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Gold investment demand to remain strong this year

LONDON (AFP) – Western investment demand for gold will remain “well underpinned” this year, regardless of the health of the economy, the World Gold Council said in a report published on Wednesday.  The upbeat forecast came despite news that gold demand sank by 11 percent last year in tonnage terms, owing to weaker industrial and jewellery demand, according to the WGC.

“Regardless of whether the economic recovery gathers momentum or stumbles in 2010, we believe that western investment demand will remain well underpinned,” the WGC said.  If the global economy falters, then western investors will continue to look towards gold for its diversification and portfolio-insurance properties.

“Conversely, if the economic recovery becomes more firmly entrenched, then inflation concerns are likely to continue to gain prominence.”

Investors tend to flock to gold in times of economic uncertainty owing to its status as a safe-haven investment. The precious metal is also regarded as a safe store of value in times of higher inflation.  The London-based WGC cautioned on Wednesday that the outlook for non-western demand was dependent on the level of gold prices.  Gold had smashed a series of records last year on the back of the weak dollar, inflationary fears and moves by central banks to diversify away from the greenback.

The glamorous precious metal had hit a record pinnacle of 1,226.56 dollars an ounce on December 3, 2009, but has since dropped, trading close to 1,115 dollars this week.  Industrial and jewellery demand for gold was forecast to increase gradually in areas where economic conditions were improving, according to the WGC.  “Western jewellery markets are likely to be constrained by high levels of unemployment, while in non-western markets, the limiting factor is budget constraints as incomes have not kept up with the rise in the gold price.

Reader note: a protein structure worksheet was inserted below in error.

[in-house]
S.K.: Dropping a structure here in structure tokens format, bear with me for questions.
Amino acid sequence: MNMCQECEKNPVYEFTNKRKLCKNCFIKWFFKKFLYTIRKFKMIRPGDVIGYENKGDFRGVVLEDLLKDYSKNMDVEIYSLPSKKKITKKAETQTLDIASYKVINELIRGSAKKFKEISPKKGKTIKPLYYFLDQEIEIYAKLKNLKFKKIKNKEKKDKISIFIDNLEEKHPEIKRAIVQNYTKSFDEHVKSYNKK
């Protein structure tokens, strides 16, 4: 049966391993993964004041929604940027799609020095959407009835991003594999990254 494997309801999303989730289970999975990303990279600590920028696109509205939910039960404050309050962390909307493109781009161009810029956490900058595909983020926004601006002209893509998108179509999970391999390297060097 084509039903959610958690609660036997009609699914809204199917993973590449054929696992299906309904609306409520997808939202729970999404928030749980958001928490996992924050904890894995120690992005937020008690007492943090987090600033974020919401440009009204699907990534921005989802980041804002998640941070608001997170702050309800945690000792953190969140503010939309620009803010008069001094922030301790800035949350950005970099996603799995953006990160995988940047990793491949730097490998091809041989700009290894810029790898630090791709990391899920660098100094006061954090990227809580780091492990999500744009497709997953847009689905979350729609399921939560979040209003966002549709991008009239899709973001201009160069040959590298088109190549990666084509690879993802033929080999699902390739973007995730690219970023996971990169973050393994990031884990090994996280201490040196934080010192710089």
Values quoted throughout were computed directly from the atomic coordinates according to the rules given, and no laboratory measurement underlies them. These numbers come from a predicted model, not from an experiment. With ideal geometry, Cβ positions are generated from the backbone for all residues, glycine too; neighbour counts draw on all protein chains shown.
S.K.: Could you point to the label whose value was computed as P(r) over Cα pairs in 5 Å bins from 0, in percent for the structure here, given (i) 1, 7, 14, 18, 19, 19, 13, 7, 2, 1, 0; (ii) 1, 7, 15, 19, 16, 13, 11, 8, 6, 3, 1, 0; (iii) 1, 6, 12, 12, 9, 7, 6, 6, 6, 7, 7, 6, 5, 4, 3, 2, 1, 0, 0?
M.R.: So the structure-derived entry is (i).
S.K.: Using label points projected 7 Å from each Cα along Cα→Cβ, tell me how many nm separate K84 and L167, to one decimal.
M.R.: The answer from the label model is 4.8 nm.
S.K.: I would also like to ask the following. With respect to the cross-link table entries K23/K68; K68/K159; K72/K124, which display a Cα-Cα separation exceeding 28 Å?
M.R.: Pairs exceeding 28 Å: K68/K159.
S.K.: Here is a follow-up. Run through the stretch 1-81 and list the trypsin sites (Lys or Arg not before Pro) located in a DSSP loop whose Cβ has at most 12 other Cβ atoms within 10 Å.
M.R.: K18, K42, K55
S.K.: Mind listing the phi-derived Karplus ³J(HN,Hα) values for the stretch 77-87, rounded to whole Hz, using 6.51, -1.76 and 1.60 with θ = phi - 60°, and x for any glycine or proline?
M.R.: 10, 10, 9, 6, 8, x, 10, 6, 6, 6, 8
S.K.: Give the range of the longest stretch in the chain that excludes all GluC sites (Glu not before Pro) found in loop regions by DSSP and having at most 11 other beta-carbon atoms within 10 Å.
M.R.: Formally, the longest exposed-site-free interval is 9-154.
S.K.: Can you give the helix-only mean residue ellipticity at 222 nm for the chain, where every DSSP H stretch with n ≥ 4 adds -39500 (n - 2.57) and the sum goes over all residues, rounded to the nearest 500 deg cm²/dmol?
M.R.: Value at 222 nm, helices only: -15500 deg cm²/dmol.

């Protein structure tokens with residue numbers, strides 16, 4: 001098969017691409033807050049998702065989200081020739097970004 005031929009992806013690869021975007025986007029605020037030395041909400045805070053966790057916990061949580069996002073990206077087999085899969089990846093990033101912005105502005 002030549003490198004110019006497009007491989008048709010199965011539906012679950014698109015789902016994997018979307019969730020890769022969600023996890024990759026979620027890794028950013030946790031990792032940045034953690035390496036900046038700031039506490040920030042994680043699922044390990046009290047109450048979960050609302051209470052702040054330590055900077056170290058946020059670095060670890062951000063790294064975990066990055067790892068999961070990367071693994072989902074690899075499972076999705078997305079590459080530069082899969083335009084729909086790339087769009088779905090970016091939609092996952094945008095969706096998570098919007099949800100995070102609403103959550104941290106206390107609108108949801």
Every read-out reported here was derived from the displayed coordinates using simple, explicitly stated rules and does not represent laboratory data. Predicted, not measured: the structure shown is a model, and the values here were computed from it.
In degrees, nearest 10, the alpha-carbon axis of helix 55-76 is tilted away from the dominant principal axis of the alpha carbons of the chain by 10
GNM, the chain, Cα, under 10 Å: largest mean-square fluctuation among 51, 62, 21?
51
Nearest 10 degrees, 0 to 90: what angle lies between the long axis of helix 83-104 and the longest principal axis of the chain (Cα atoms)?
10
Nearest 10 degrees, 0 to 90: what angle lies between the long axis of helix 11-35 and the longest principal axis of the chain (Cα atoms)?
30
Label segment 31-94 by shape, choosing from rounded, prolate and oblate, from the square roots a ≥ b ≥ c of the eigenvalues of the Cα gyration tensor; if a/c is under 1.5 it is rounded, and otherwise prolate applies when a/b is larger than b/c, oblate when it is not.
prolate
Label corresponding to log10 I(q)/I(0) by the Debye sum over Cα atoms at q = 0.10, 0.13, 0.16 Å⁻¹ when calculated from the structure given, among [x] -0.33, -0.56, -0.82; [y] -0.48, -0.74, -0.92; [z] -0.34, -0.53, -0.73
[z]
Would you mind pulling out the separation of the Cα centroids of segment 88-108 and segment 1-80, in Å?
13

“Nevertheless, any significant dips in the gold price are expected to be well supported,” it said.  The WGC added Wednesday that the volume of total identifiable gold demand fell 11 percent in 2009 from the previous year to stand at 3,385.8 tonnes.

Indonesia group prefers gold as dollar loses shine

JAKARTA (AFP) – Guided by a Scottish-born convert to Islam, a group of devout Indonesian Muslims is shunning “worthless” paper money in favour of gold and silver coins for their daily transactions.  The followers of Sheikh Abdalqadir as-Sufi — born Ian Dallas — trade goods like food, medicine, clothes and phone cards with gold dinars and silver dirhams in line with a strict interpretation of Islamic law.  Their anti-modern views sit uneasily with the naked capitalism of Indonesia’s teeming capital, the financial and political centre of one of the fastest growing economies in the world.

“History has proven that, since the prophet Mohammed, the value of one gold dinar for thousands of years has always been equal to the value of one goat,” said 33-year-old Kurniawati, who runs a shop in southern Jakarta.

And they want the government — or preferably a worldwide Islamic caliphate — to replace paper currencies with the dinar that was used, in the words of the sheikh, “until the incursions of the kafir financiers in the Muslim lands”.  Wakala Induk Nusantara (WIN) is the body responsible for regulating the issuance and distribution of the dinar in the world’s most populous Muslim-majority country.  Coins minted in Indonesia are also in circulation in Australia, Malaysia and Singapore, WIN official Riki Rokhman Azis said.

The number of dinars on the local market more than doubled in 2009 to 25,000 pieces, reflecting the movement’s growing popularity, he said.

“We decided to mint silver and gold coins in Indonesia following a fatwa issued by Sheikh Abdalqadir as-Sufi in Cape Town of South Africa, banning Muslims from using paper money,” Azis told AFP.  Recent global economic upheavals, with their origins in the US mortgage and derivatives markets, have confirmed in the eyes of the sheikh that the final victory of Islamic finance is at hand



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